The Old Man in the Corner HTML version
XVI. "Non Proven"
"There is no doubt," continued the man in the corner, "that what little sympathy the
young girl's terrible position had aroused in the public mind had died out the moment that
David Graham left the witness-box on the second day of the trial. Whether Edith
Crawford was guilty of murder or not, the callous way in which she had accepted a
deformed lover, and then thrown him over, had set every one's mind against her.
"It was Mr. Graham himself who had been the first to put the Procurator Fiscal in
possession of the fact that the accused had written to David from London, breaking off
her engagement. This information had, no doubt, directed the attention of the Fiscal to
Miss Crawford, and the police soon brought forward the evidence which had led to her
"We had a final sensation on the third day, when Mr. Campbell, jeweller, of High Street,
gave his evidence. He said that on October 25th a lady came to his shop and offered to
sell him a pair of diamond earrings. Trade had been very bad, and he had refused the
bargain, although the lady seemed ready to part with the earrings for an extraordinarily
low sum, considering the beauty of the stones.
"In fact it was because of this evident desire on the lady's part to sell at _any_ cost that he
had looked at her more keenly than he otherwise would have done. He was now ready to
swear that the lady that offered him the diamond earrings was the prisoner in the dock.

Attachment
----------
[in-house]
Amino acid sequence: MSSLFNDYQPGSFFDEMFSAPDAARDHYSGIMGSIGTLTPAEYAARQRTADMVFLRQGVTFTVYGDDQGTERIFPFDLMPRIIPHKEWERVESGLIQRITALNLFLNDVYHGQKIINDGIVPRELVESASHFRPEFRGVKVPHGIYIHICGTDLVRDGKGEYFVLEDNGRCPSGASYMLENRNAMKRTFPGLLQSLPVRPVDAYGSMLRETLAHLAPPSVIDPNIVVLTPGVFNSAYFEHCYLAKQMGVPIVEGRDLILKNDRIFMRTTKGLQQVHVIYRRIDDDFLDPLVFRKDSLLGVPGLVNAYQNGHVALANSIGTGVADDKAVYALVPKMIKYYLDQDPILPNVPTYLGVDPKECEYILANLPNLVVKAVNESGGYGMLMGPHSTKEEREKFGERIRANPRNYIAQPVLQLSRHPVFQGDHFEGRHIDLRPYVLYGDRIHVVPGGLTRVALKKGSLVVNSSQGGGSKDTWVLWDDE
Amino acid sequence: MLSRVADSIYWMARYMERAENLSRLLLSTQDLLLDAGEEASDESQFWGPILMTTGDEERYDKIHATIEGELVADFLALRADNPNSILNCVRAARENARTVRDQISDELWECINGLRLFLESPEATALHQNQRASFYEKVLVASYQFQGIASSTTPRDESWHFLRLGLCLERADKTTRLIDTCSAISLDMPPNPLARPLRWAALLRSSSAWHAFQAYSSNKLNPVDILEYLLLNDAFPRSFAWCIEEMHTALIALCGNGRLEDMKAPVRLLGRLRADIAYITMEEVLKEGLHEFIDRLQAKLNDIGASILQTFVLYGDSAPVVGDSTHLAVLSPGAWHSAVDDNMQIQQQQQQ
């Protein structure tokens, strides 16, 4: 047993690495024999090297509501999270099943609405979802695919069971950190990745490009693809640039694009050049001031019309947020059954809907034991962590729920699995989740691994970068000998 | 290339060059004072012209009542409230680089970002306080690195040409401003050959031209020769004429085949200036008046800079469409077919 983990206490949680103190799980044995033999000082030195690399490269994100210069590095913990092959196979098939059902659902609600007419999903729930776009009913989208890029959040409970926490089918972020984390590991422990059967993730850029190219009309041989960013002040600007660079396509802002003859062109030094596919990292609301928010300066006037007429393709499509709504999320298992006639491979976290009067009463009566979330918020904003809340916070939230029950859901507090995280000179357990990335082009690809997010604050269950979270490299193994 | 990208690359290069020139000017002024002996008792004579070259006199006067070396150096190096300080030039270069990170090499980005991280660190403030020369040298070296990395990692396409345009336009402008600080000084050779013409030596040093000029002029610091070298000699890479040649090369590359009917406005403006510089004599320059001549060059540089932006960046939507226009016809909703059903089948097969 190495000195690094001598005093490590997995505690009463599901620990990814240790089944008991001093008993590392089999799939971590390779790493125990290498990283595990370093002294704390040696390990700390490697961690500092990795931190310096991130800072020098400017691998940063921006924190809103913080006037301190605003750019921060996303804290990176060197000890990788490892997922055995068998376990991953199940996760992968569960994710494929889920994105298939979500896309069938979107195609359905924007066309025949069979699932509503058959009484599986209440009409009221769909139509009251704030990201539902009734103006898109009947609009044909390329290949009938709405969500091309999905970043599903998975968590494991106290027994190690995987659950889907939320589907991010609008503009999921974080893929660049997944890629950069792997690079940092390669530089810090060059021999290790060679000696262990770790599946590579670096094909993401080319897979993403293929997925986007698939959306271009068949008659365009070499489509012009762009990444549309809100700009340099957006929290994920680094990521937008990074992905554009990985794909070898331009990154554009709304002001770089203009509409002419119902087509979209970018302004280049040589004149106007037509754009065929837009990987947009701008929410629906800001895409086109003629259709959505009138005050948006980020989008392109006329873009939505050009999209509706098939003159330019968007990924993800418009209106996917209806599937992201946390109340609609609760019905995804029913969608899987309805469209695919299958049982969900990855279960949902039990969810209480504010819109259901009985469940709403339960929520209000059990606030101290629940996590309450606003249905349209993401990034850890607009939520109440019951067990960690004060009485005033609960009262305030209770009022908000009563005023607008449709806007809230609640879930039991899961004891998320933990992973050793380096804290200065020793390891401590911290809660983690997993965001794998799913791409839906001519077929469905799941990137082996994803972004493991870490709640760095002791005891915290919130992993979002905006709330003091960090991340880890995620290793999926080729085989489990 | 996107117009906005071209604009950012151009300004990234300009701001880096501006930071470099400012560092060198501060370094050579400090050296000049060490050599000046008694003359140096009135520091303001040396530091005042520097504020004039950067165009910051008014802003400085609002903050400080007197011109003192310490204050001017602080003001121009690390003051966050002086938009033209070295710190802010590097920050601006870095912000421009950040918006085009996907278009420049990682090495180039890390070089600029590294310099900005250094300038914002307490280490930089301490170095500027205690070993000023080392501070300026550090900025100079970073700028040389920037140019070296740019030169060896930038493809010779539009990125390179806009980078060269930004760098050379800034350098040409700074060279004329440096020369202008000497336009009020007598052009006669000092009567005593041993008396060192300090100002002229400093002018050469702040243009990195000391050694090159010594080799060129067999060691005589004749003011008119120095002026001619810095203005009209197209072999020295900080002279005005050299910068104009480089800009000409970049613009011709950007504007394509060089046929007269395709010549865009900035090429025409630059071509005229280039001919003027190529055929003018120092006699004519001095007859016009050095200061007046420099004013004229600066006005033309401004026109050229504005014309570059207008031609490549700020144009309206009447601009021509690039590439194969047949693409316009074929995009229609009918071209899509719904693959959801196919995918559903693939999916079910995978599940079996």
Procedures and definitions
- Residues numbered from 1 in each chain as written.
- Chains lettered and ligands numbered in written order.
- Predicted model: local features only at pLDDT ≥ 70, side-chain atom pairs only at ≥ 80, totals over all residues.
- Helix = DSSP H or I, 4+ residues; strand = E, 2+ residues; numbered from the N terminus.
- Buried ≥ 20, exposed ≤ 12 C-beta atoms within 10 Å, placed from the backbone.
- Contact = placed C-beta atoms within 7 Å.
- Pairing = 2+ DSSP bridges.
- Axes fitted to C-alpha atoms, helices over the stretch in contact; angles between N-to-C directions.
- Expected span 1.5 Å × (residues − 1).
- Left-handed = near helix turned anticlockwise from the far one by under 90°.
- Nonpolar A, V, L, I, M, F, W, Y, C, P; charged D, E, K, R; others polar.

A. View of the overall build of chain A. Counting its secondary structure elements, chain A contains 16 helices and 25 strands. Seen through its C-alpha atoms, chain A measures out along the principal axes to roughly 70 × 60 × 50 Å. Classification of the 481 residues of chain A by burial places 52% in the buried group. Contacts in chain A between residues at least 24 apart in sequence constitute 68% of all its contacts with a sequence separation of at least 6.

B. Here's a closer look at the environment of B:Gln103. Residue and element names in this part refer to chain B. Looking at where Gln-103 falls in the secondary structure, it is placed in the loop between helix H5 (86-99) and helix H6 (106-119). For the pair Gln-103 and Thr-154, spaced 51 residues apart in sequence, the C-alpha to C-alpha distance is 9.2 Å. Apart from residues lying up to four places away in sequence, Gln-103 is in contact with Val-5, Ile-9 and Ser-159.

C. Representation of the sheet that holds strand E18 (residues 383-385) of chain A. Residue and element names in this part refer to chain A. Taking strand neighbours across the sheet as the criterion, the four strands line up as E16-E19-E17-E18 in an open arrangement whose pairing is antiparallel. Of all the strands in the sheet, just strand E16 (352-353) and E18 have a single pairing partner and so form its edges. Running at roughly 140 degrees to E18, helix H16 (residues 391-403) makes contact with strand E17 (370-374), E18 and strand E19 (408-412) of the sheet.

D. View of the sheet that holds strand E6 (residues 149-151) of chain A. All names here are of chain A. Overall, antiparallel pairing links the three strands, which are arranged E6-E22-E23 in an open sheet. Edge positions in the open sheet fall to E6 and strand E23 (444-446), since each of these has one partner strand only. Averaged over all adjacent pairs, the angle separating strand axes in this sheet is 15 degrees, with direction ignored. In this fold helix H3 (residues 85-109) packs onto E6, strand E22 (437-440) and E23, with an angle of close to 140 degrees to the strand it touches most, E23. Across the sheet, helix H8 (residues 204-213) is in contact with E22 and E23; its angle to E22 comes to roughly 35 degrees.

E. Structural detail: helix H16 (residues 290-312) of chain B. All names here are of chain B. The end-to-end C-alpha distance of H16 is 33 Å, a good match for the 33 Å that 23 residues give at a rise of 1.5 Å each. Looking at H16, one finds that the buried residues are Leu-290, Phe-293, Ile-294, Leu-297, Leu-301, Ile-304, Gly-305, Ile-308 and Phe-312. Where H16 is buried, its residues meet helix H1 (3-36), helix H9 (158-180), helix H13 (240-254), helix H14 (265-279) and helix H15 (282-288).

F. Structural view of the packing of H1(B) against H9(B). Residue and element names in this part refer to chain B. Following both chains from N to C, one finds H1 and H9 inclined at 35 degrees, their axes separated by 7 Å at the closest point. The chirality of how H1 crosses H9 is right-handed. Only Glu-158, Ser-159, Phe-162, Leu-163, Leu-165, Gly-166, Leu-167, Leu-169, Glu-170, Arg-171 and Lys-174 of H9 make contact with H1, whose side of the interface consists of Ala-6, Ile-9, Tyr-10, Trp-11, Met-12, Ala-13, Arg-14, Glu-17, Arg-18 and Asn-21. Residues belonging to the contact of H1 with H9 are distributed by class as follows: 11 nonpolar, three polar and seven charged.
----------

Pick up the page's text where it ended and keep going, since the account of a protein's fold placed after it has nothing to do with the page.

"I can assure you that as we all listened to this apparently damnatory evidence, you might
have heard a pin drop amongst the audience in that crowded court. The girl alone, there in
the dock, remained calm and unmoved. Remember that for two days we had heard
evidence to prove that old Dr. Crawford had died leaving his daughter penniless, that
having no mother she had been brought up by a maiden aunt, who had trained her to be a
governess, which occupation she had followed for years, and that certainly she had never
been known by any of her friends to be in possession of solitaire diamond earrings.
"The prosecution had certainly secured an ace of trumps, but Sir James Fenwick, who
during the whole of that day had seemed to take little interest in the proceedings, here
rose from his seat, and I knew at once that he had got a tit-bit in the way of a 'point' up his
sleeve. Gaunt, and unusually tall, and with his beak-like nose, he always looks strangely
impressive when he seriously tackles a witness. He did it this time with a vengeance, I
can tell you. He was all over the pompous little jeweller in a moment.
"'Had Mr. Campbell made a special entry in his book, as to the visit of the lady in
"'Had he any special means of ascertaining when that visit did actually take place?'